The novel is just plain fun. I had a great time trying to recall how I knew the names of all the characters on the periphery of the story line—names like Kathleen Norris and Walter Winchell—to say nothing of the daily appearances of the Lindbergh and Morrow families (the Morrows were Anne's family) and the head of the New Jersey State Police, Norman Schwarzkopf, who worked as personal protection for the Lindbergh family. Schwarzkopf was the father of the Vietnam War era general, Norman Schwarzkopf. My computer was kept very busy looking up all the writers, actors, and other celebrities that showed up at the trial.

Like many people who followed the Hauptmann trial, Ifkovic is convinced that there was a huge miscarriage of justice in the Lindbergh case, and through his surrogate Edna Ferber, he tries to show an alternate scenario. Ferber is a feisty heroine; I liked her independence and her fortitude. The reviewer in the Kirkus Reviews says that this is "perhaps the finest hour yet for a fictionalized heroine." Actually Ferber is the protagonist in seven murder mysteries written by Ifkovic.

And now for my story. Six of my most impressionable formative years were spent in the small town of Little Falls, Minnesota, which was Charles Lindbergh's home town. During the years that my family lived in Little Falls, the Lindbergh family farm on the Mississippi River was being developed as a state park, but the family home had not been rehabilitated yet. We children had free reign to run through the house, hide in the closets, and clamber all over a Model T that was in the garage. Now, of course, there are tours of the home with costumed docents. (More on that later.) When I was in the third grade, the new elementary school, The Charles A. Lindbergh Elementary School, was dedicated. My father was on the school board that year and had the opportunity to shake hands with Lindbergh—something I will never forget. Remember, please, that Charles Lindbergh was the town hero.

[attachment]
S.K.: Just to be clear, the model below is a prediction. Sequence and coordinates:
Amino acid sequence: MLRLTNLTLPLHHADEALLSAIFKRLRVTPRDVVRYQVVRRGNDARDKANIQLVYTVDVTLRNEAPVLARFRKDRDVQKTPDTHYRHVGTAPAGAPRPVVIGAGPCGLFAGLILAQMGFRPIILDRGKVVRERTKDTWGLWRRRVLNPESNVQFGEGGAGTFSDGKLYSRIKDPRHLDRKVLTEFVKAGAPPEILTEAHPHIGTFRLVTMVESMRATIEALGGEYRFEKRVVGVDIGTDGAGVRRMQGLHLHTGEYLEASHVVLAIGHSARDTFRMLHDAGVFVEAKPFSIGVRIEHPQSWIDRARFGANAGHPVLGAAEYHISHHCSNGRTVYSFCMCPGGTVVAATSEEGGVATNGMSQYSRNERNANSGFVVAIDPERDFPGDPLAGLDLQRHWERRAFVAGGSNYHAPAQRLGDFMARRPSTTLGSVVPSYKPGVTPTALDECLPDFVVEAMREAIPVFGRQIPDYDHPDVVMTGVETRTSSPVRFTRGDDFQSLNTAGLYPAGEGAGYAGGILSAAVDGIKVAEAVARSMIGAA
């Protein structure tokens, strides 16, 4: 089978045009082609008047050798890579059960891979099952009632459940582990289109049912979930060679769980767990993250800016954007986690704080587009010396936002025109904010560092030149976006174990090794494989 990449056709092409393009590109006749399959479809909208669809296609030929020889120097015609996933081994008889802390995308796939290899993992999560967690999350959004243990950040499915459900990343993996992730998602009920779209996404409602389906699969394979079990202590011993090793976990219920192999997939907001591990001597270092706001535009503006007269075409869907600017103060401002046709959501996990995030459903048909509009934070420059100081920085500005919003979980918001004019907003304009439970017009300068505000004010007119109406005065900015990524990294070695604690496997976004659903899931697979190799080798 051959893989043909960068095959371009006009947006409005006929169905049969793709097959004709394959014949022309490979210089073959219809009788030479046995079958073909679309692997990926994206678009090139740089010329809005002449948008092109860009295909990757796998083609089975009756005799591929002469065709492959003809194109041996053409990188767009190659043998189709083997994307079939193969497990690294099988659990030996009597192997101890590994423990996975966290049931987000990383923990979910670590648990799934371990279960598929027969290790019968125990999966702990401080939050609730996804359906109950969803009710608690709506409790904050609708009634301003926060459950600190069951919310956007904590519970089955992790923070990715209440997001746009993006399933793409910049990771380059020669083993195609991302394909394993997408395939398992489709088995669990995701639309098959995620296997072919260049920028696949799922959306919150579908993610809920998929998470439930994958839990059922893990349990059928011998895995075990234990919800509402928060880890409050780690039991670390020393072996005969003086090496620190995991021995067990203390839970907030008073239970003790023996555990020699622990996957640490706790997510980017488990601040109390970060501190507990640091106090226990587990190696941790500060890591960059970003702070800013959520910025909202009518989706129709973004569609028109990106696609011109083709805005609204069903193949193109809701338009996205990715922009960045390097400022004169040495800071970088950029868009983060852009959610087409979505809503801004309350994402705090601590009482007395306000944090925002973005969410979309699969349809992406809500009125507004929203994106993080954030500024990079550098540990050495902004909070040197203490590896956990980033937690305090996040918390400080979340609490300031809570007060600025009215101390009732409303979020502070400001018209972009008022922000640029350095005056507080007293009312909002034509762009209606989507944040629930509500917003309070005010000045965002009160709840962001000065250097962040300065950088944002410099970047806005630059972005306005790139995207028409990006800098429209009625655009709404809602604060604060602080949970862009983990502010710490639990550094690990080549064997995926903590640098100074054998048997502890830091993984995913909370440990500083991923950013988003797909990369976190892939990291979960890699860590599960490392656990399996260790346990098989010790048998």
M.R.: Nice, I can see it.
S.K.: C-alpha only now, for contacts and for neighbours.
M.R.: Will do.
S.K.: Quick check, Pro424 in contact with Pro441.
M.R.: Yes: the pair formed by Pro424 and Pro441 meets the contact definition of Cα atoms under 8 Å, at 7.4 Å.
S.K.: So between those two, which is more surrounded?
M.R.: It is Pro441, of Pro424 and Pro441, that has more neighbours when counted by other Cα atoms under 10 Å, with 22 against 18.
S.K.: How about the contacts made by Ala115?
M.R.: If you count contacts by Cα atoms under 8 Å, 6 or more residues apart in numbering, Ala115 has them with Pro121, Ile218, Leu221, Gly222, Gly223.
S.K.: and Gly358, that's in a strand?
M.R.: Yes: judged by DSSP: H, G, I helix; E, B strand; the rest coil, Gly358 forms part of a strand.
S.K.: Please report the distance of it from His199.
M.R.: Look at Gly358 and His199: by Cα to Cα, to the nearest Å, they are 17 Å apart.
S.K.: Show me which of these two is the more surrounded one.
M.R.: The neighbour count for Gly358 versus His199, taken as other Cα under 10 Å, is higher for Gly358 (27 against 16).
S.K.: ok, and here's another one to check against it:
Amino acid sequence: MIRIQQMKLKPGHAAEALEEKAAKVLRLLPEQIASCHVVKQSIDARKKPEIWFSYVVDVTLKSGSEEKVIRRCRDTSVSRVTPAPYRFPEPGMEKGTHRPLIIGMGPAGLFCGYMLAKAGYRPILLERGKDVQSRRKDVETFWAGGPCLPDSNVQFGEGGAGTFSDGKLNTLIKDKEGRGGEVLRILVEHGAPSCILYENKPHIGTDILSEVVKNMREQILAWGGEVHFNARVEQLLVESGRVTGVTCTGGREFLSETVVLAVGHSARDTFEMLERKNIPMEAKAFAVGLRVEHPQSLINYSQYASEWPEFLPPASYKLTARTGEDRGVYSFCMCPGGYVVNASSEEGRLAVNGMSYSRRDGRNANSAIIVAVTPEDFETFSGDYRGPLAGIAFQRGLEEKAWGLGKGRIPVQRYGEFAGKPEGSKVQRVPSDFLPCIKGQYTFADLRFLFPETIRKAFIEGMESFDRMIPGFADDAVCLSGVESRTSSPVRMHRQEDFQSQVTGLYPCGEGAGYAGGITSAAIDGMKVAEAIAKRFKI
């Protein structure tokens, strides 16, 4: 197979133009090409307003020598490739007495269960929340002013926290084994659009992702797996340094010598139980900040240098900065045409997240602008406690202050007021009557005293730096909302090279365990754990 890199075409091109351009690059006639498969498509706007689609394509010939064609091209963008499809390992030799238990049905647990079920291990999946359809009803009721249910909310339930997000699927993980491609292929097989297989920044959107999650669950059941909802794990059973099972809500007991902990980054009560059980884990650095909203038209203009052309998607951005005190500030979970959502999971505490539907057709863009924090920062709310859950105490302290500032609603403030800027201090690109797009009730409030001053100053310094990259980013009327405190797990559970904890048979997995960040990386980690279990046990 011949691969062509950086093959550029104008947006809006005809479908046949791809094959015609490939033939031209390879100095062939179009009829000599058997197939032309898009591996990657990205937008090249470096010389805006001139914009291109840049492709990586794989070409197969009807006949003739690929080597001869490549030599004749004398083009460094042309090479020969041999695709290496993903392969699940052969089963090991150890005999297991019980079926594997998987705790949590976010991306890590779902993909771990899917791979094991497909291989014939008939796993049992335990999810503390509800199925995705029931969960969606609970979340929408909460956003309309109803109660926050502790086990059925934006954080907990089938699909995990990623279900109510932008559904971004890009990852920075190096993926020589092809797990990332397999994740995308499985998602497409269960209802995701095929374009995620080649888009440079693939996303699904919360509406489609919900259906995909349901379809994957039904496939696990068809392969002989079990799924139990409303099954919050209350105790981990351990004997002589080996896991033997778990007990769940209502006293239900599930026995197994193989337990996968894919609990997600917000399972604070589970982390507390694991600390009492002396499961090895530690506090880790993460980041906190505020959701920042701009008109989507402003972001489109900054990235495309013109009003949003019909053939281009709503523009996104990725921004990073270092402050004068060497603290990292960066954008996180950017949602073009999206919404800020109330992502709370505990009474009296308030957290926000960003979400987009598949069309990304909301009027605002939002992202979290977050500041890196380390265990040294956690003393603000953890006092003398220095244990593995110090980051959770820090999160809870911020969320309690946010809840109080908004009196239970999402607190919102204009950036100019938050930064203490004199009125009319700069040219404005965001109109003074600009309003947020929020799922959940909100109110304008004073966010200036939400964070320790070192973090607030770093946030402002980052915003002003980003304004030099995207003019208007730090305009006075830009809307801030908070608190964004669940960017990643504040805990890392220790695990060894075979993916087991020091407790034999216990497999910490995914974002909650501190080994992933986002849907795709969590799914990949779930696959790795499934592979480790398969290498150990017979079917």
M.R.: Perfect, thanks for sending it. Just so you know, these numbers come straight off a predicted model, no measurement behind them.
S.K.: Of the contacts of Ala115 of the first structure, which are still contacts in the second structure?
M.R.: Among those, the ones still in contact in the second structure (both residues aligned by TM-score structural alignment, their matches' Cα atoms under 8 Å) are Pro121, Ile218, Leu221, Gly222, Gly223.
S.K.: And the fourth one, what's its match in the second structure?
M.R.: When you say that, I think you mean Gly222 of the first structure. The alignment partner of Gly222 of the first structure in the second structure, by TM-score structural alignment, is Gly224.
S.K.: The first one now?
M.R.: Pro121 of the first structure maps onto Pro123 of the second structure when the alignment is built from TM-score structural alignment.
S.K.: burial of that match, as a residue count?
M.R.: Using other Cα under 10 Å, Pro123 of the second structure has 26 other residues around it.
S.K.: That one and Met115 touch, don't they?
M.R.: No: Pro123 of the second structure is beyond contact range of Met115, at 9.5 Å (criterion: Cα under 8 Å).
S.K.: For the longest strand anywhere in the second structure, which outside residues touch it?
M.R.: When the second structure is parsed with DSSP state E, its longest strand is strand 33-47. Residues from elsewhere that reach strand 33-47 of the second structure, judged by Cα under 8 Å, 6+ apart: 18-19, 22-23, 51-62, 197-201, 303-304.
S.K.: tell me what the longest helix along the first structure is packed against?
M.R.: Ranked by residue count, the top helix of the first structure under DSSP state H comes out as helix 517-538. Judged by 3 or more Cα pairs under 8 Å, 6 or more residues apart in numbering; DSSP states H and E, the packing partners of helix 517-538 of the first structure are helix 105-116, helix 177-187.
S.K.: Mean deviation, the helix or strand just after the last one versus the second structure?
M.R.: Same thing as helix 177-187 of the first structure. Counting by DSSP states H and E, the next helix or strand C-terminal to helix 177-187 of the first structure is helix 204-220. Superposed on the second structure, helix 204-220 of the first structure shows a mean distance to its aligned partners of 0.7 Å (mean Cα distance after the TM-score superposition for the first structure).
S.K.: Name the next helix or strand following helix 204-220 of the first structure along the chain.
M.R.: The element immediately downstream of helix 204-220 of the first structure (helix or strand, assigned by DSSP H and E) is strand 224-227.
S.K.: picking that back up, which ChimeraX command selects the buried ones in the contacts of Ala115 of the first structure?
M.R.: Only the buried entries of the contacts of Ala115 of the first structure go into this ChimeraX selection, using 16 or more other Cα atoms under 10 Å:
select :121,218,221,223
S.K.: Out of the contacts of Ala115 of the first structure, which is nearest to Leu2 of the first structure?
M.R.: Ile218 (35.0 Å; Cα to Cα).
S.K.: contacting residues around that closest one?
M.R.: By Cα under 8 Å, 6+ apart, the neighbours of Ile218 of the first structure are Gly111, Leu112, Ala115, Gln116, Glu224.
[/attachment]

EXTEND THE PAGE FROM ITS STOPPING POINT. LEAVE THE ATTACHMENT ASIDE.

All of this happened in the 1950s, before the world began to be critical of Lindbergh's World War II fascist leanings, before he became an isolationist,  and certainly before the world learned that he had three secret families in Germany, including seven children. Last summer, my sister and I made a pilgrimage to scenes of our childhood and we toured the Lindbergh family home—the one we had raced through many times as children. The docents reminded us that we were to only ask questions about Lindbergh's childhood and life up until his famous flight, and that questions about his isolationist views, his opinions about Hitler, and his secret families were off limits.